More than a year after Geico employees kicked off a campaign to unionize, leaders say the workplace culture has not improved.
The “Geico United” effort is believed to be the first attempt to unionize an insurance company workforce. Lonnie Konikoff, a 15-year Geico employee in Amherst, N.Y., said the union effort has “many, many hundreds” of signatories. While Geico is headquartered in Chevy Chase, Md., the Amherst office is leading the union effort.
The second-largest private passenger auto insurer in the United States, Geico said it employs more than 43,000 people. Known for its comical commercials starring a gecko, Geico is owned by Berkshire Hathaway, headed by investing legend Warren Buffett.
According to the National Labor Relations Board, employees can unionize in one of two ways:
If at least 30% of workers sign cards or a petition saying they want a union, the NLRB will conduct an election. If a majority of those who vote choose the union, the NLRB will certify the union as your representative for collective bargaining. An election is not the only way a union can become your representative. Your employer may voluntarily recognize a union based on evidence – typically signed union-authorization cards – that a majority of employees want it to represent them.
Geico is opposed to the employee union effort, Konikoff said. The NLRB continues to investigate a complaint filed on Feb. 23, 2023 alleging that Geico fired an employee last year for engaging in a Section 7 “protected concerted activity.”
According to Section 7 of the National Labor Relations Act a protected concerted activity “only requires two or more employees acting together (‘in concert’) to improve their hours, pay, working conditions or other aspects of their job.”
Geico sent out emails to employees against unionizing, Konikoff said, at one point advising employees to call the police on union activists going door to door.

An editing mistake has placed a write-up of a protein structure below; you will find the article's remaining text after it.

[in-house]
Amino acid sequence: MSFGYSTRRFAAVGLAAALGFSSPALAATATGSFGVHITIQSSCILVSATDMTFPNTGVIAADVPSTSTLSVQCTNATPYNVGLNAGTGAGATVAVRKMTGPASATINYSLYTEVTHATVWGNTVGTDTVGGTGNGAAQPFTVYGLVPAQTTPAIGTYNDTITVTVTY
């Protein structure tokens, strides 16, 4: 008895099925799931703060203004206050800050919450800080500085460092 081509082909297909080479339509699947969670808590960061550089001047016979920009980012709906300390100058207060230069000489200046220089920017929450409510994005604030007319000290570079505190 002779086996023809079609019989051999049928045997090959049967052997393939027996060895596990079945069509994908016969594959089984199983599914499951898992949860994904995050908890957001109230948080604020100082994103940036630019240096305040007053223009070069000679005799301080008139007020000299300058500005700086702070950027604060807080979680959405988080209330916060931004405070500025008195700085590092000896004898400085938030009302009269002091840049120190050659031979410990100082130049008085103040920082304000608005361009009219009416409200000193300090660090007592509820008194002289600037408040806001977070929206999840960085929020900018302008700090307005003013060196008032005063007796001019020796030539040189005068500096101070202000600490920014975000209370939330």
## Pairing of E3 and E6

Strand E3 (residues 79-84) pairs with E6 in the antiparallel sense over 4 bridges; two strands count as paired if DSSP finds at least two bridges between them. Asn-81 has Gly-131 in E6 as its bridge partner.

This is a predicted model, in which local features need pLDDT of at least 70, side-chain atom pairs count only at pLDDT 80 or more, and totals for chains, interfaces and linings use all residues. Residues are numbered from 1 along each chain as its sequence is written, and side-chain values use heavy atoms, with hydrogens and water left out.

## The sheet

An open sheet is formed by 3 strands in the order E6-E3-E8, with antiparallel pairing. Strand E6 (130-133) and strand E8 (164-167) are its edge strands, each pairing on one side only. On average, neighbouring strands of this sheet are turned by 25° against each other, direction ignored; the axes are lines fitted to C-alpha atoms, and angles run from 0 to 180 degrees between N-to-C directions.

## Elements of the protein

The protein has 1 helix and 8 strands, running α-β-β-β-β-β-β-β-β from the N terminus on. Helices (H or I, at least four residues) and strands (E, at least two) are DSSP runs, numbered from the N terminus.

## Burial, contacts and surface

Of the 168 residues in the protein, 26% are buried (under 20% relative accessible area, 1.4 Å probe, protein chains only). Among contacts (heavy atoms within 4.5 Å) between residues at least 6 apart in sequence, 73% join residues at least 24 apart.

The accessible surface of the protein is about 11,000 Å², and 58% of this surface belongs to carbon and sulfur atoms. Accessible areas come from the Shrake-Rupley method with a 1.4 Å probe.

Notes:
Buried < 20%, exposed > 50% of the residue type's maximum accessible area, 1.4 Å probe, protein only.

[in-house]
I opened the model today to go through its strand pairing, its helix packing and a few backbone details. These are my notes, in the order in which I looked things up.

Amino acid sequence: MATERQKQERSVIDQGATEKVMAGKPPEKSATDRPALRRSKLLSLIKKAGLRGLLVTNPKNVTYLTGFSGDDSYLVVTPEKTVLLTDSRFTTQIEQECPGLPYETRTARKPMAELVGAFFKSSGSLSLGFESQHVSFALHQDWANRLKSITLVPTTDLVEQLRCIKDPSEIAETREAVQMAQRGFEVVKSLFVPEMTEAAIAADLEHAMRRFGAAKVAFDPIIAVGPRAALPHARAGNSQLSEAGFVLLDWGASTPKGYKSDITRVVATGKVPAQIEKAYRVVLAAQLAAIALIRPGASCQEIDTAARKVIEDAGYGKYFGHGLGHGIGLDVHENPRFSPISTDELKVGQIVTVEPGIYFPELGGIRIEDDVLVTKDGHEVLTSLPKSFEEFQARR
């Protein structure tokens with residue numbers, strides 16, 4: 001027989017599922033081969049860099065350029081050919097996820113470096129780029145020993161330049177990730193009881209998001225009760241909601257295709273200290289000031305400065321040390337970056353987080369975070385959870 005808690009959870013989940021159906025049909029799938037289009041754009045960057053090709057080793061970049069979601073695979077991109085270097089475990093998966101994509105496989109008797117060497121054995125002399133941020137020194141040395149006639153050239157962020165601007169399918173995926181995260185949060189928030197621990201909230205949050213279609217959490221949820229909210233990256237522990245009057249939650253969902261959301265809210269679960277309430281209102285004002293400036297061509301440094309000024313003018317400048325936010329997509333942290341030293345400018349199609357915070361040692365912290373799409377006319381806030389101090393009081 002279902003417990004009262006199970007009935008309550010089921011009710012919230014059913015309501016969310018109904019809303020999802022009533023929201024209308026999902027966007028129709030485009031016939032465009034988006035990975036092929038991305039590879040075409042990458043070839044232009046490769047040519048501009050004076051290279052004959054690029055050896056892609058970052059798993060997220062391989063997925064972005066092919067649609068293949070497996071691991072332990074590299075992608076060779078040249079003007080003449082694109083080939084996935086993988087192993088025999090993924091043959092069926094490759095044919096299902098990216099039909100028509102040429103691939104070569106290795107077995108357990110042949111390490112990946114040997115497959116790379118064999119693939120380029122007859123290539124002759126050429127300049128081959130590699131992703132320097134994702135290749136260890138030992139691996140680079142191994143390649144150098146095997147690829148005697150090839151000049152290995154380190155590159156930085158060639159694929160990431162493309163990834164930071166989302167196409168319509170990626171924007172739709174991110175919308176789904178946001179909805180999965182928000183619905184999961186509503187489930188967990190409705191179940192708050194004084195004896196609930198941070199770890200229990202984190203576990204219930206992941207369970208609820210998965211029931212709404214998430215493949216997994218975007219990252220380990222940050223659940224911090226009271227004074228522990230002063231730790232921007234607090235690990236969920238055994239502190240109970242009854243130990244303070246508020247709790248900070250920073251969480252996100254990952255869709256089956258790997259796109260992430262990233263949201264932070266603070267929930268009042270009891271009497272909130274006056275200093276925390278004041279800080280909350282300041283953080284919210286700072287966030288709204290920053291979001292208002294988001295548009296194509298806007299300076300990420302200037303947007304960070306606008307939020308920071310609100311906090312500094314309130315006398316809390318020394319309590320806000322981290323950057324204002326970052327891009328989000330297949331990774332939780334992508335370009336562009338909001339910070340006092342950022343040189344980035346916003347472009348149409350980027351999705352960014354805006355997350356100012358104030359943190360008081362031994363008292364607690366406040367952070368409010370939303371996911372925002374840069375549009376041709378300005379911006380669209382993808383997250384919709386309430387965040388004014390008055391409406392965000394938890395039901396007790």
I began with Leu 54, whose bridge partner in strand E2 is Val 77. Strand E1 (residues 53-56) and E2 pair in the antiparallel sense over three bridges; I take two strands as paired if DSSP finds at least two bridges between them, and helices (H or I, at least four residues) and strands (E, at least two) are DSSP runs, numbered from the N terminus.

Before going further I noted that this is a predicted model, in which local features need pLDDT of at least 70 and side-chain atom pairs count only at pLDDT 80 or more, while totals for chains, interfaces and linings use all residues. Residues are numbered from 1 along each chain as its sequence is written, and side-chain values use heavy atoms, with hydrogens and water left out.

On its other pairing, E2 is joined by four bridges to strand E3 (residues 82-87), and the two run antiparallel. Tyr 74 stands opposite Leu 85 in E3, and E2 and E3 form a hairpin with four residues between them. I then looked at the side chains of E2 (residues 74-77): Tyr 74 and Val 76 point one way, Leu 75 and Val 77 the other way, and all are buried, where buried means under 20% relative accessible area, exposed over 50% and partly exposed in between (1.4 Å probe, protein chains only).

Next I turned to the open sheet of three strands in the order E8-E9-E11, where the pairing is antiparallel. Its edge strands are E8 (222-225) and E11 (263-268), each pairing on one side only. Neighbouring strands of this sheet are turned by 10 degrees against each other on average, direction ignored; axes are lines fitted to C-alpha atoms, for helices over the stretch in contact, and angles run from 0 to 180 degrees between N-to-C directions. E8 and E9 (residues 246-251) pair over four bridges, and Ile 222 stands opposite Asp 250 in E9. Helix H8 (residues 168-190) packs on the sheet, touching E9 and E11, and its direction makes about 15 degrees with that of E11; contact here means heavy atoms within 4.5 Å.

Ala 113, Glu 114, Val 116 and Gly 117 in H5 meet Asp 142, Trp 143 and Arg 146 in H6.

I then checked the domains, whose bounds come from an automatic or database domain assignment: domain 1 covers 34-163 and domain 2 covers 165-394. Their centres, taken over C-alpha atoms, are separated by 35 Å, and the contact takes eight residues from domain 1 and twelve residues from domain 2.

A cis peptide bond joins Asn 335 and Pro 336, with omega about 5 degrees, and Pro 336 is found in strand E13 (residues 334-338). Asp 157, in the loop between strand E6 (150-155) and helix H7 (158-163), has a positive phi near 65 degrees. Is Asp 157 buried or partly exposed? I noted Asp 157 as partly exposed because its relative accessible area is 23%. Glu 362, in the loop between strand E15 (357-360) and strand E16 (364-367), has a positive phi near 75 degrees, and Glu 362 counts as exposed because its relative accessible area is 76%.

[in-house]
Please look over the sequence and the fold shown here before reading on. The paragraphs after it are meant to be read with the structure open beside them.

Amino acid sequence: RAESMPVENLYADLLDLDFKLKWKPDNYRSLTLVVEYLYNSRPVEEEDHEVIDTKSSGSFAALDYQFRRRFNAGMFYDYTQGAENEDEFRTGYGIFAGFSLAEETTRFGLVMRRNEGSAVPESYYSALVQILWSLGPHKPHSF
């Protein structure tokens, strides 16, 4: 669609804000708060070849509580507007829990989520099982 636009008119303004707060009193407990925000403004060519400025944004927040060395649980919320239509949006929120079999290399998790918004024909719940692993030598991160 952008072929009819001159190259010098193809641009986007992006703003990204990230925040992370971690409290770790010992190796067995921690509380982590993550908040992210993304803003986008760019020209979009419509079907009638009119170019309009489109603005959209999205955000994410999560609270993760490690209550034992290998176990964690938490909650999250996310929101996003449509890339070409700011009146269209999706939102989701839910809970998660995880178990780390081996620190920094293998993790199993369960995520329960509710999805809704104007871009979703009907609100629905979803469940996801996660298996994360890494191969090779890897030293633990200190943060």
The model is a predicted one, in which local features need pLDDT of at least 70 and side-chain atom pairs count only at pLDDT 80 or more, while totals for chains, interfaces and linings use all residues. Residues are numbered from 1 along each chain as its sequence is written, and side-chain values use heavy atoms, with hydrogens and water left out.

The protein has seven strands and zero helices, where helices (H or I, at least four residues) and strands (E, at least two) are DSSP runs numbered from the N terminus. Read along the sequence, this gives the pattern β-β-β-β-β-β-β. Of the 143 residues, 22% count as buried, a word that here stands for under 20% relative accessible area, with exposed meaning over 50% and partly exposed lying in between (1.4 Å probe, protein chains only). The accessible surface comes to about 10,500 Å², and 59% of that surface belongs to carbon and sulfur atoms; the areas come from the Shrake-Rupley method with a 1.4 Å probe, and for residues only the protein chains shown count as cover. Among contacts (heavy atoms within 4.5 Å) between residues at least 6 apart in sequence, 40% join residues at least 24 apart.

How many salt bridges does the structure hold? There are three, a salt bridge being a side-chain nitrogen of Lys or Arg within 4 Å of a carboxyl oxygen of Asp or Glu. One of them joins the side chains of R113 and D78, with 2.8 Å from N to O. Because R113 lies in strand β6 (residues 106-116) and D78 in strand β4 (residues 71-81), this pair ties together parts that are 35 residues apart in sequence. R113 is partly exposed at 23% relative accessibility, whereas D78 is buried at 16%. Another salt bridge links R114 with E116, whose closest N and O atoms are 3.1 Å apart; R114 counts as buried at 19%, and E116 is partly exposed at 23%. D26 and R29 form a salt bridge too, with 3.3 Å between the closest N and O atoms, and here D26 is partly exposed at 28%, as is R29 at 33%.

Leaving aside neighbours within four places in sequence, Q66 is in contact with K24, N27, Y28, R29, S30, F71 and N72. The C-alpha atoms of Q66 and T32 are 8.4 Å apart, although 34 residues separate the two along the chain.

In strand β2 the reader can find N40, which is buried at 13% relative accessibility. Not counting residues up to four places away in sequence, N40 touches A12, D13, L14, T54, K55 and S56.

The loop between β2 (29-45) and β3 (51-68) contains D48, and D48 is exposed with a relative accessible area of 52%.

“They kept emphasizing how people are going to have to pay dues,” Konikoff said, “and they kept calling us a ‘third party,’ even though are all of us who were working on this, we’re all Geico employees. And once we establish a union, the entire negotiating team and the divisions within the union are going to be Geico employees.”
Christine Tasher, director of public relations for Geico, did not return numerous emails and phone messages seeking comment. Michael Young, Geico public relation specialist, also did not return several messages.
A September letter from New York legislators warned Geico to refrain from “union-busting activities.”
Profit sharing an issue
Geico union activists say the company culture changed when Todd Combs was elevated to CEO in January 2020. Said to be Buffett’s protege, Combs is a former hedge fund manager and Columbia Business School graduate.
Combs first year was marred by the COVID-19 emergency. But once the pandemic receded, “we started noticing a number of changes,” recalled Konikoff, who handles auto underwriting. “Things weren’t the same. People were treated very poorly. They started letting people go and we started piling up losses, and you could see that the people that Todd put in place around him … have a very different vision of Geico than what many of us have seen for all these years.”
Still, the union push did not take shape until Geico suddenly replaced a profit-sharing plan with a cash bonus in February 2022, he added. The company eventually settled on a 6% 401(k) match in January 2023, Konikoff said. Employees were stunned by loss of significant compensation, he said.